Time to launch 10k users 40m 30s 44m 29s 44m 11s 44m 55s 45m 04s

The 90 ms results saw few errors. However, the impact of transacting over latency becomes more obvious with users seeing an acceptable average time of 2.9 seconds to broker a session with 12 concurrent requests, increasing to likely unacceptable 16.2 seconds to broker a session with 60 concurrent requests. In this case, it’s actually more advantageous to broker users at a lower rate. It took 40 to 45 minutes to launch all 10,000 users.

160 ms RTT results          
Concurrent requests 12 24 36 48 60
Average response time(s) 5.7 11.4 17.3 23.2 28.0
Brokering requests per second 2.1 2.1 2.1 2.1 2.1
Errors (%age) 0 0 0.12 4.0 17.7
Time to launch 10k users 1 h 19m 0s 1 h 19m 27s 1 h 19m 55s 1 h 20m 26s N/A

With the 160 ms, we start to see significant errors occurring with higher launch rates, with 4 percent errors at 48 requests, and 17.7 percent errors at 60 requests, along with response times approaching 30 seconds. However, up to 36 requests, the error rate is 0.1 percent with an average brokering time of 17 seconds.

Note: It’s hard to judge the launch time for 60 requests, as 17 percent failure is hard to factor in.

With this latency, we’d recommend not passing 24 concurrent requests. Also, the size of the Site may be a factor—launching 1,000 users in would take about 8 minutes. This would scale up to 1 hour, 20 minutes for 10,000 users. As such, we wouldn’t recommend a large Site with this level of latency to the database.

250 ms RTT results          
Concurrent requests 12 24 36 48 60
Average response time(s) 9.3 15.4 26.7 - -
Brokering requests per second 1.3 1.6 1.3 - -
Errors (%age) 0 0 4.6 42.8 99.0
Time to launch 10k users 2h 8m 33s 1h 46m 52s 2h 3m 46s N/A N/A

With such high latency, a large number of timeouts occurred at higher concurrent launch rates. At 48 requests, 42.8 percent of requests failed. At 60 requests, timeouts were so common that the Site would be unusable, as 99 percent of requests failed. The only acceptable launch rates were 12 and 24 requests. It would be hard to recommend deploying a large Site with this level of latency: launching 1,000 users took 13 minutes with 12 concurrent requests and 11 minutes with 24 concurrent requests. It would take up to 2 hours and 8 minutes for 10,000 users.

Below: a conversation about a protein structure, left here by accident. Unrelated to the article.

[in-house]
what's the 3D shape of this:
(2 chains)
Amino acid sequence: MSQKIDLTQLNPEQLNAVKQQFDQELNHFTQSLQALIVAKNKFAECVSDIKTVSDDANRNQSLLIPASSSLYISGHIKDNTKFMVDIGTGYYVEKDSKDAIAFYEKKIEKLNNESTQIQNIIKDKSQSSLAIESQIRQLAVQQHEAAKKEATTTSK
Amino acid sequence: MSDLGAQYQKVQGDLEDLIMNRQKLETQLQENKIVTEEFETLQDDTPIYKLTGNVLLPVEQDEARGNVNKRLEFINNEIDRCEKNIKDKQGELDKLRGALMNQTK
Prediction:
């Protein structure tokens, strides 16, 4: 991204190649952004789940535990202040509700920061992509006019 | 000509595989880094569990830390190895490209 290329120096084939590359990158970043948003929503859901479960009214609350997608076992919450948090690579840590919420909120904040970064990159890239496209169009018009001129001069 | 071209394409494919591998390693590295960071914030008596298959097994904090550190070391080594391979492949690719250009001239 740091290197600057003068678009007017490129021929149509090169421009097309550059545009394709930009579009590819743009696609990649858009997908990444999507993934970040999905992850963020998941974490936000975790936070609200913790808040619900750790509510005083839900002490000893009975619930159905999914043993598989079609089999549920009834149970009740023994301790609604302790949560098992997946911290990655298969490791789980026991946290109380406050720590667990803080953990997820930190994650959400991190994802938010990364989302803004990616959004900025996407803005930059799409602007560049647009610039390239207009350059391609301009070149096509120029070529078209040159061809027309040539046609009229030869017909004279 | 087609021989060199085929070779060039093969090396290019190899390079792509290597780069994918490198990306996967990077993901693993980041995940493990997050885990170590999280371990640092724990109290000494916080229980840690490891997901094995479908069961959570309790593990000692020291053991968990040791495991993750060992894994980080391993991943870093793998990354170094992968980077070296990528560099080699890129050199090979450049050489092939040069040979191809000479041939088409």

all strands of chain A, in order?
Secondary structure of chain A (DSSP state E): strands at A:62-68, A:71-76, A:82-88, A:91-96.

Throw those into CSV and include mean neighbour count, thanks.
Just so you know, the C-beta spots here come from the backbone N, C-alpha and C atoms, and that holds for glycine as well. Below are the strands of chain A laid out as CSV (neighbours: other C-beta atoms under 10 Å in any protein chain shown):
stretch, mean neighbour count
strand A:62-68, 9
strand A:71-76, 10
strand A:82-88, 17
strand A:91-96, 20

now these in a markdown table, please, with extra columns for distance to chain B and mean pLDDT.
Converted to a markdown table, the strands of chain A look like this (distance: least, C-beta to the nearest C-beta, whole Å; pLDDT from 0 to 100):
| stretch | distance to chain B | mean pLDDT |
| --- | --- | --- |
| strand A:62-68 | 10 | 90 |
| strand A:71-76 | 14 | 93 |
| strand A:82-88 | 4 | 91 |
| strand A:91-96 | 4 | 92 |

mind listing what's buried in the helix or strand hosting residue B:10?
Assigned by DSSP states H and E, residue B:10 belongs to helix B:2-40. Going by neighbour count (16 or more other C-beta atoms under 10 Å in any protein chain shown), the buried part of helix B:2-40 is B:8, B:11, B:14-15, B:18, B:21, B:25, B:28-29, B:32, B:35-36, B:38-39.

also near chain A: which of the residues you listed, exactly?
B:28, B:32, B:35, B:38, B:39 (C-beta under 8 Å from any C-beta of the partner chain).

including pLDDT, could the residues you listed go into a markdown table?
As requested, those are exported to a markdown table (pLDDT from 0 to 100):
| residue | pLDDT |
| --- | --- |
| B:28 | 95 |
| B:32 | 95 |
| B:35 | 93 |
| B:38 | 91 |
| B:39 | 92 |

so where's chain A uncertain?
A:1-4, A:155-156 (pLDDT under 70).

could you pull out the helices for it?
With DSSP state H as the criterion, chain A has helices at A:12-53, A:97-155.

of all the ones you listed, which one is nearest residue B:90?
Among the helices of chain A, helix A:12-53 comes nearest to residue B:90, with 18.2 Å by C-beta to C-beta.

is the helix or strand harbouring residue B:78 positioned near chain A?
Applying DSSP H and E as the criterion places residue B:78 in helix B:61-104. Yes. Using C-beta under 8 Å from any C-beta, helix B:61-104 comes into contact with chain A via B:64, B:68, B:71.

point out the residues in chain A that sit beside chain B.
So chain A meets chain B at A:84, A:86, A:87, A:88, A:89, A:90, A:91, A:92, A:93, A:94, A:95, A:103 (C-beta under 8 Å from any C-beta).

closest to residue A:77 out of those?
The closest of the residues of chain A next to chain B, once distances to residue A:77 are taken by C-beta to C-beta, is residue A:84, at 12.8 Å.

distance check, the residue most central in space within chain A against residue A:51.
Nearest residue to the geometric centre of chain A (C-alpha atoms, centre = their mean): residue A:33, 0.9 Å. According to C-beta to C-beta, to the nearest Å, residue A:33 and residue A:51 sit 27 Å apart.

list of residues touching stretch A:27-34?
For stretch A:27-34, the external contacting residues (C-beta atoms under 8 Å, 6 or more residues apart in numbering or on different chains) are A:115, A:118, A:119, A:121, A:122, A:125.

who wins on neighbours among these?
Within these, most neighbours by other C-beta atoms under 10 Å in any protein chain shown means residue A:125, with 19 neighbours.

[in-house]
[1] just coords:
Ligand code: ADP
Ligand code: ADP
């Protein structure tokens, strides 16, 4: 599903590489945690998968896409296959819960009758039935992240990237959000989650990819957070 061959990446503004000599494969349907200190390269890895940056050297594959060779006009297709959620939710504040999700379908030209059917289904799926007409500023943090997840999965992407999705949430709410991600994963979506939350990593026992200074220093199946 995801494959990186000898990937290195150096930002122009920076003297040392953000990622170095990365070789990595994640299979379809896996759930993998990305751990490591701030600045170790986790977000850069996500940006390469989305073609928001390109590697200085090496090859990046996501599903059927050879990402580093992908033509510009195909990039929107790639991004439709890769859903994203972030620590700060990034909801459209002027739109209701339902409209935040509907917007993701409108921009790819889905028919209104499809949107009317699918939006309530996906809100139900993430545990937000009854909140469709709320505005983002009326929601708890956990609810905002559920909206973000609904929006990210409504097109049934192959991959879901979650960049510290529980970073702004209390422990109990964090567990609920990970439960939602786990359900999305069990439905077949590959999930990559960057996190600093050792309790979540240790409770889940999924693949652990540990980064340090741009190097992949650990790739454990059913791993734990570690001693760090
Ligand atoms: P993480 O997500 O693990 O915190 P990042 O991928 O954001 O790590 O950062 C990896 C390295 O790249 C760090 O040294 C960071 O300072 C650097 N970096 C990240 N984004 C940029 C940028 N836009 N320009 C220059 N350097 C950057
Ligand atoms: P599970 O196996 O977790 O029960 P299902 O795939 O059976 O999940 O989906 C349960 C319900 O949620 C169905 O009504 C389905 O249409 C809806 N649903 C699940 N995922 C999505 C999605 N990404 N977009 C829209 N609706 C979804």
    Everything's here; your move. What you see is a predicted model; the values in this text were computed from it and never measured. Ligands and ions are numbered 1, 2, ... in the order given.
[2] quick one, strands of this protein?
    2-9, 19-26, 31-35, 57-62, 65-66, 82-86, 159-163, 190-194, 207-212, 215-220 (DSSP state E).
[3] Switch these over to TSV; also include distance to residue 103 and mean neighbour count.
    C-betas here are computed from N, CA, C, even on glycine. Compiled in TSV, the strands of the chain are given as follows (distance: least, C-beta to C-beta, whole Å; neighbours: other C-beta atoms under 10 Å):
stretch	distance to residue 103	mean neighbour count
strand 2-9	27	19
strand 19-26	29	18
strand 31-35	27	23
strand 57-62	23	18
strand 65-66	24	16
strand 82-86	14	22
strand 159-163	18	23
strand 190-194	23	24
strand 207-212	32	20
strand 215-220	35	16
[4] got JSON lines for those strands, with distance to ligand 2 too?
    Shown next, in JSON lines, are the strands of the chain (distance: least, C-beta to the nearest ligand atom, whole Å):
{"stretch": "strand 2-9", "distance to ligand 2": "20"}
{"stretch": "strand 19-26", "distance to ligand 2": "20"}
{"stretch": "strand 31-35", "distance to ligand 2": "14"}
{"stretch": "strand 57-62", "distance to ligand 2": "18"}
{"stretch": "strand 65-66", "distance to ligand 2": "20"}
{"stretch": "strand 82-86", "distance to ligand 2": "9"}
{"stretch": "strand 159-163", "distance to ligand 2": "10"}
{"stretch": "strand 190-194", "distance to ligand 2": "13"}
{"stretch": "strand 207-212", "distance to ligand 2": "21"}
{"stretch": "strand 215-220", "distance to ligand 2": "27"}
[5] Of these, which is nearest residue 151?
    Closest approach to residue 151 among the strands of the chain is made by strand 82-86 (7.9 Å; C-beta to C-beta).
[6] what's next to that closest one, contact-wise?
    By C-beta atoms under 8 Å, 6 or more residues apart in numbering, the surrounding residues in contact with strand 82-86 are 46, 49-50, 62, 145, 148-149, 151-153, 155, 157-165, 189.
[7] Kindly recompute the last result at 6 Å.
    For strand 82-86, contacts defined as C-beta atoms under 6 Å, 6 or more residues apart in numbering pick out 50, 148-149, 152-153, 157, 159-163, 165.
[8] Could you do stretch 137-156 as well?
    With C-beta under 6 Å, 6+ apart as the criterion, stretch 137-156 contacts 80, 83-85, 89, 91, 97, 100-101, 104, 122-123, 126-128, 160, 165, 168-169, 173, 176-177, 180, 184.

Throttling requests

If you need to work with high latency and find that too many timeouts occur, a registry key was added to XenApp/XenDesktop 7.7 to allow it to handle only a fixed number of concurrent brokering requests. StoreFront will retry requests above the limit after a few seconds. This will help back off requests, thus reducing lock queuing. However, some users may end up seeing extended launch times, as they’re always unlucky and their request is always backed off.

The key is a DWORD and should be stored in:HKEY_LOCAL_MACHINE\Software\Citrix\DesktopServer\ThrottledRequestAddressMaxConcurrentTransactions

If the key doesn’t exist, then no limit on brokering requests is made.

Note: The key is per Delivery Controller, so the total requests on the SQL Server need to be split among the remote Controllers.


Brokering does work over latency, but the latency needs to be considered for sizing a remote zone. If a zone is large, it still may be desirable to keep a database local to that zone. If the zone is small, using a remote zone may work well and also reduce management cost without impacting the end-user experience.

We recommend that your zones have less than 250 ms RTT; beyond that, you should consider setting up different Sites.

This article has been modified from a blog post written by Chris Gilbert. To read the original blog and to see the comments, go to

Citrix Virtual Apps and Desktops: Zones, Latency, and Brokering Performance